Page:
The person below me has a good DnD story to tell us.
Dungeons 'n Dragons?
Can't say that I do as I've never played it (or any RPG for that matter.) My youngest son still designs his own games of that ilk, and I understand that he's quite good at making them quite challenging.
If that's now what AnnaClaire was referring to, TPBM can answer it. Otherwise, what's your favorite color? (Not meant to be a trick question.)
Blue. No, green!
TPBM will tell us their favorite ice cream.
In the first 9 years I was married to ThiMs, we changed our address 11 times. Seven of them required us to apply for local library cards.
TPBM was last at his/her library _____________. (Approximate amount of time. Nobody's going to check.)
An hour, but that was because I'm on the Friends of the Library book donations sort team, which meets every Tuesday.
TPBM always turns in library books/media before they're due.
The local library system annoys me; all the fiction books are lumped together and shelved by the first three letters of the authors’ names. ‘Mc’ names are listed under ‘Mac’ so if you want a book by Anne McCaffrey you’d have to hunt through about three bookshelves worth of ‘MAC’s and, of course, not all of her books are likely to be on the same shelves.
So I borrow e-books instead, keep them until they expire and let them return themselves.
TPBM has an admirable local library system.
It's even featured on pages 112-3 in Heart of the Community: The Libraries We Love.
As a matter of fact, I'll be there tomorrow to pick up a ticket for a Mystery Night fund raiser next month.
I've lived here not quite 31 years, and they've had 27 of them--all originals except the very first (the only one I missed.)
TPBM has been to their library for something other than books.
My last visit to our local library was to get a replacement for my misplaced senior citizen bus pass. The photo on my card shows me surrounded by bookshelves - which is nice.
TPBM appreciates the freebies that accompany approaching senility.
I often forget to take advantage of them, but when I do, yes, they are greatly appreciated.
TPBM uses coupons and other grocery-store offers religiously.
Well, I'm an atheist, so no.
If there's a coupon hanging from the shelf where I find the product, and it applies, I'll use it. But if it's something like: buy this product and you qualify for a free votive candle (not an actual example), thanks, but no. When the coupon ads come in the mail, I stop at my recycling bin on the way back to the house. They get dropped right in there along with ads from politicians, tree service companies, folks who want to buy my house for cash, and that damned Avon catalog someone tosses on my lawn every couple of weeks.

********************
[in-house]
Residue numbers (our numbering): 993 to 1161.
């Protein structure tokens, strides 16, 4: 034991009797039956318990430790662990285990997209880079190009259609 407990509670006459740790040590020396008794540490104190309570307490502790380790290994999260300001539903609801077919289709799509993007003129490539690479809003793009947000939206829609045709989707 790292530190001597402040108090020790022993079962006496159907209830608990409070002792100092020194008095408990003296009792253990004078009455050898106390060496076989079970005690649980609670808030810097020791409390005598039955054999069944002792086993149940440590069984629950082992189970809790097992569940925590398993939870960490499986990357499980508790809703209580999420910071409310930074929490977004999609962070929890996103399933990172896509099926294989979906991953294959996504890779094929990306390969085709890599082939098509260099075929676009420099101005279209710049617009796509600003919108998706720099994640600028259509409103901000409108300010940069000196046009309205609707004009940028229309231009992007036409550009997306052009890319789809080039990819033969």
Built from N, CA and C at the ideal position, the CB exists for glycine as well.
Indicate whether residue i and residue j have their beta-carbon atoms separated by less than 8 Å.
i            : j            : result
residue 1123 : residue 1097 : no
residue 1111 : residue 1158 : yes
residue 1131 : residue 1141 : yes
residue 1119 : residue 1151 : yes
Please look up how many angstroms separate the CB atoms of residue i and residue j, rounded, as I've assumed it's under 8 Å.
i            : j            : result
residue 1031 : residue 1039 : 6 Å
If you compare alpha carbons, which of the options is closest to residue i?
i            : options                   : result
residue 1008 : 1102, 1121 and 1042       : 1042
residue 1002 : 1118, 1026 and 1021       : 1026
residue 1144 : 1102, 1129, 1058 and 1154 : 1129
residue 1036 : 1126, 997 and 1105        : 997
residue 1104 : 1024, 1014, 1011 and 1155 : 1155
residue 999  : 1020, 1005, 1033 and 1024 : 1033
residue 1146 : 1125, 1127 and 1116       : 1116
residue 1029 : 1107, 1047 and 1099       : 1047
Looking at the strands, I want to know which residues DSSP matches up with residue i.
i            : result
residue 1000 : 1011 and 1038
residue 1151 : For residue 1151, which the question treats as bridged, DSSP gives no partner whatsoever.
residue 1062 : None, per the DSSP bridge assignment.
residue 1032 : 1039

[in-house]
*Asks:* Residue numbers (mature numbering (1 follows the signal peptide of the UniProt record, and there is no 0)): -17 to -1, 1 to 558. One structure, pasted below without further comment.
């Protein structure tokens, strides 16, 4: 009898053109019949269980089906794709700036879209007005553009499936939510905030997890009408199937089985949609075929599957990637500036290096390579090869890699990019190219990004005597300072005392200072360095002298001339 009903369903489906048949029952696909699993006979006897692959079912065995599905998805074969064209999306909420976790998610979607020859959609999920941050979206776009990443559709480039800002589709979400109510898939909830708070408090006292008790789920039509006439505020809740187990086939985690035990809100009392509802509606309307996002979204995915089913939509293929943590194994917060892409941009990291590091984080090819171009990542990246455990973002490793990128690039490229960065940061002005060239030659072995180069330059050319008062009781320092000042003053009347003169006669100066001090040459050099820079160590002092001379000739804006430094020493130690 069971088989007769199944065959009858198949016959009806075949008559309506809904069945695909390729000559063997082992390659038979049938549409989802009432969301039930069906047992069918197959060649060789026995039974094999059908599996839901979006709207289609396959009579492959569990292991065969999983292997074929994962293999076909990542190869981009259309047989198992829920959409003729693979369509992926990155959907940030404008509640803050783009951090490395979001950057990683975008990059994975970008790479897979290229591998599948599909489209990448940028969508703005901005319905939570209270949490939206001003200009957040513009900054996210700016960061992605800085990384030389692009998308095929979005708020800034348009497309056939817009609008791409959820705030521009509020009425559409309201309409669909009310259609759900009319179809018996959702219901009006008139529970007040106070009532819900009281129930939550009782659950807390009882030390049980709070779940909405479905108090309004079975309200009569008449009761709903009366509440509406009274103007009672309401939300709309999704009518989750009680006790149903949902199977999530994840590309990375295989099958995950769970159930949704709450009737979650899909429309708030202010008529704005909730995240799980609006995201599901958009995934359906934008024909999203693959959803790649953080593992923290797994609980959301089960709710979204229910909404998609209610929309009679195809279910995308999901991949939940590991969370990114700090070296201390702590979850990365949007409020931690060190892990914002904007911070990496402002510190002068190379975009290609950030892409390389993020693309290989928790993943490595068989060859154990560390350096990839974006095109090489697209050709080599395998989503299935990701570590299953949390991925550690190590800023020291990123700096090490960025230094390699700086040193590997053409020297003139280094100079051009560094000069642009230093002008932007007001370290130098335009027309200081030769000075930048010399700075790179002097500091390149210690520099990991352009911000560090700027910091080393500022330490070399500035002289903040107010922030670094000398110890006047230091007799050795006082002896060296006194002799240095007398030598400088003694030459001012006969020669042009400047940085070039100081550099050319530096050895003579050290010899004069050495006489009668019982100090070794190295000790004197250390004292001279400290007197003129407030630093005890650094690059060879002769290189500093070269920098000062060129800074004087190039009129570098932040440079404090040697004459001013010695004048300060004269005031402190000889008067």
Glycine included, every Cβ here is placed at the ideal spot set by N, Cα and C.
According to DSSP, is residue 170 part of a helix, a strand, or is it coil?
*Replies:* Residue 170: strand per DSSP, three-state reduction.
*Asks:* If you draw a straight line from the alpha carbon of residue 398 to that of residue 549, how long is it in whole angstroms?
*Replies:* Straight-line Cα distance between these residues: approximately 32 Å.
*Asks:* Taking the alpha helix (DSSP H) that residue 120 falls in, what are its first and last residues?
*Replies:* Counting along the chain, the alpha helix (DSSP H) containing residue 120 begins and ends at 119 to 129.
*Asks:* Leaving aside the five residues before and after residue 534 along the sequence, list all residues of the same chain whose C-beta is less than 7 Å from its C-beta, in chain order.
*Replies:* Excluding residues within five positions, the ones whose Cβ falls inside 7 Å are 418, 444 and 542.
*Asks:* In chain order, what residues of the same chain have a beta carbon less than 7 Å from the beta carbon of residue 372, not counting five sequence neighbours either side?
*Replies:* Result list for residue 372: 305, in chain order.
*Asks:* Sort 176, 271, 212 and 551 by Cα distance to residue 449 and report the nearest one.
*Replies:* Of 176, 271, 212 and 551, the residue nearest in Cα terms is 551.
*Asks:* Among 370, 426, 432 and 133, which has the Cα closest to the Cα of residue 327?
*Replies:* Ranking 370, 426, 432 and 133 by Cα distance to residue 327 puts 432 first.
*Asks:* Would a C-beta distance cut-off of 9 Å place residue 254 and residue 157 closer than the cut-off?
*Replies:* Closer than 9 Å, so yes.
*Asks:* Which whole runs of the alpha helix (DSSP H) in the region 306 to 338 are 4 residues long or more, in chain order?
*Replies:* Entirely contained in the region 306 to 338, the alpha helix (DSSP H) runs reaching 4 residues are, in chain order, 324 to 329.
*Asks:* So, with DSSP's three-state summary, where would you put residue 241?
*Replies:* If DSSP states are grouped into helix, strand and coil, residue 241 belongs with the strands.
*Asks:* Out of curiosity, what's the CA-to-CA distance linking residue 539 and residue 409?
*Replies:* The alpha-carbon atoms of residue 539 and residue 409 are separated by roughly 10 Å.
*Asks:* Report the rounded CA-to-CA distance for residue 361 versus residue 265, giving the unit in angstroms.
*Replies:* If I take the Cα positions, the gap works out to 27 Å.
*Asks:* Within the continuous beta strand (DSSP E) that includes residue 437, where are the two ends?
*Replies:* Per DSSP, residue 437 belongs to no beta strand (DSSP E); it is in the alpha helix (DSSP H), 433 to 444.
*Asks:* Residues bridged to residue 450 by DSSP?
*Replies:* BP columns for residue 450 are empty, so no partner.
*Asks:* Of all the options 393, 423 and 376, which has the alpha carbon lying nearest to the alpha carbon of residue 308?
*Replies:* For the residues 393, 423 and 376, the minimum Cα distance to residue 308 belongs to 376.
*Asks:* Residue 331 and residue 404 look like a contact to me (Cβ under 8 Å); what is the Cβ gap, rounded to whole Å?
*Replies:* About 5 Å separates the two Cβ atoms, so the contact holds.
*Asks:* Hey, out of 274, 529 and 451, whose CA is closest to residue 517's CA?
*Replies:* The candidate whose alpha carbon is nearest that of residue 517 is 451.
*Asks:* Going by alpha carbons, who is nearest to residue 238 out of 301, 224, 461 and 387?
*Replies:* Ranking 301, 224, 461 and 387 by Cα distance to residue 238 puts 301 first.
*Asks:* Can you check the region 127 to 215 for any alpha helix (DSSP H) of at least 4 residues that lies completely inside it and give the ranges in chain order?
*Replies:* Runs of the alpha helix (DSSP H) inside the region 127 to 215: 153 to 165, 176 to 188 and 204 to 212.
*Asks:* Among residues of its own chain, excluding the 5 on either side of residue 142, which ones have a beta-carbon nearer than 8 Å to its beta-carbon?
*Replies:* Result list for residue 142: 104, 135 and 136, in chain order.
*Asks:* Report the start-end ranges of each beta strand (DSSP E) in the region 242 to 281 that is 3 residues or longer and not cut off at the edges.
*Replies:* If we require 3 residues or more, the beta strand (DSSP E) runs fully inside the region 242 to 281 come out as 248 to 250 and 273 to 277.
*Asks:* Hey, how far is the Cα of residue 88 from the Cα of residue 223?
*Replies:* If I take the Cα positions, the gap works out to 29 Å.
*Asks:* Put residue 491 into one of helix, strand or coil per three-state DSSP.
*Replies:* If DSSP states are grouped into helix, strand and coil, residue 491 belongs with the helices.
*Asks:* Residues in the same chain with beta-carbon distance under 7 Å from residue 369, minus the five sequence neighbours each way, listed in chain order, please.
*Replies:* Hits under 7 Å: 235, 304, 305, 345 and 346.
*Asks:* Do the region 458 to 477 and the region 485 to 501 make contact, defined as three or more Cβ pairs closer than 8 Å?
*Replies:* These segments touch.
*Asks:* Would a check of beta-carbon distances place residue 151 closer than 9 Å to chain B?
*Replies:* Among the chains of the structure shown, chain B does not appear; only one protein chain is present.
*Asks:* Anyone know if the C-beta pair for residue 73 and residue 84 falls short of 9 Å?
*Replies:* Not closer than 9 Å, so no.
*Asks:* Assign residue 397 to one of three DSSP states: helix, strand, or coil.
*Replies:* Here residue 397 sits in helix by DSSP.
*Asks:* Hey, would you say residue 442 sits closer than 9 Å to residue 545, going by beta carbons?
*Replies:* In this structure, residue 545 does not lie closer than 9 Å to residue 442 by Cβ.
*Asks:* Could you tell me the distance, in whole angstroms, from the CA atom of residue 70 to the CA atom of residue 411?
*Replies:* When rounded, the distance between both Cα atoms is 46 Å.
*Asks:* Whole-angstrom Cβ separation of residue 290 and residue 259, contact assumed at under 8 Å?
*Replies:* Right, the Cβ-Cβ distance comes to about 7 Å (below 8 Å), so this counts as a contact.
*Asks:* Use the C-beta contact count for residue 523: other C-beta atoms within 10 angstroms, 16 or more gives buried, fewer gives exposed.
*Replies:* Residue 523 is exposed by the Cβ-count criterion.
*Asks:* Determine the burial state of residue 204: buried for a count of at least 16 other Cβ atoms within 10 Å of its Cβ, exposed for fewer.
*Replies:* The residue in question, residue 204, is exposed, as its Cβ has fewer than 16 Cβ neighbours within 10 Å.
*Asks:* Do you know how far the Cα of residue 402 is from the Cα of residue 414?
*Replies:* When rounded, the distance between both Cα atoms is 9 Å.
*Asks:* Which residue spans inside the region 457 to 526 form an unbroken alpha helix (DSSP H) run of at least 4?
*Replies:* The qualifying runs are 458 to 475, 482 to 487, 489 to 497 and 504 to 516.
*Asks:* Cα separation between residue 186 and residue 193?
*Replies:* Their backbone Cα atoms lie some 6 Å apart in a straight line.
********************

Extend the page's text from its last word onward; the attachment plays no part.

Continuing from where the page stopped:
TPBM has one of those camera doorbells.
Are you not into beauty regimes WHL?
We have a camera gate-bell. I had to ban the kids from answering the bell because they used to let anyone in without checking - which then made having a gate redundant. Why do we have a gate? Because everyone else does.
TPBM is planning a birthday celebration.
(Off topic : is this the first ever TPBM thread? https://www.librarything.com/topic/19715 How/ why did it start?)
Yes, I am not.
No, I am not. Except for once, I haven't acknowledged my birthday in over 50 years. A friend's birthday is just a few days after mine, so everyone except me decided that we should have a joint birthday celebration. It was 25 years ago. At said celebration, my then-wife ThiMs announced that since I was now (then) 42, she was going to trade me in for two 21-year-olds. Everyone thought she was pretty clever and we all had a good laugh about it. Four months later, they decided to have another party to celebrate her birthday. And it was the exact same people involved. We were the same age; graduated high school together. At the appropriate time, I reminded her of what she said on my birthday, and announced that I was going to trade her in for three 14-year-olds. Nobody laughed, and we never had another birthday celebration.
(Off topic: Yes indeed, that was the thread that started it all. I recall that from the 3rd thread, two participants created their own 4th thread. It was a pain to get people to stop replying to one of them, and was at least partly responsible for Tim & Co. to make the continuation "button" at the bottom of the threads.
TPBM is ageless.
no, I have one. I just don't care what it is.
TPBM is celebrating Mardi Gras today.
Despite all the newspaper features giving recipes for pancake toppings, Shrove Tuesday slipped my mind. Now, I suppose, the abbey will have to focus on Lenten fasting - Ho, hum.
TPBM has a favourite pancake recipe.
Buckwheat. And real maple syrup, thank you very much.
I was invited at the last minute to a Mardi Gras party. I arrived with a bottle of my blackberry cordial and everyone's eyes lit up. Of course, they were mostly already lit. These are Catholics, after all.
TPBM has cootchie-cooed a baby recently.
No, but my niece will be giving the family a new little girl in April.
TPBM is hunkering down in a snowstorm.
This topic was continued by TPBM 107 - Boruim, and CVII - the Year of the Consulship of Sura and Senico.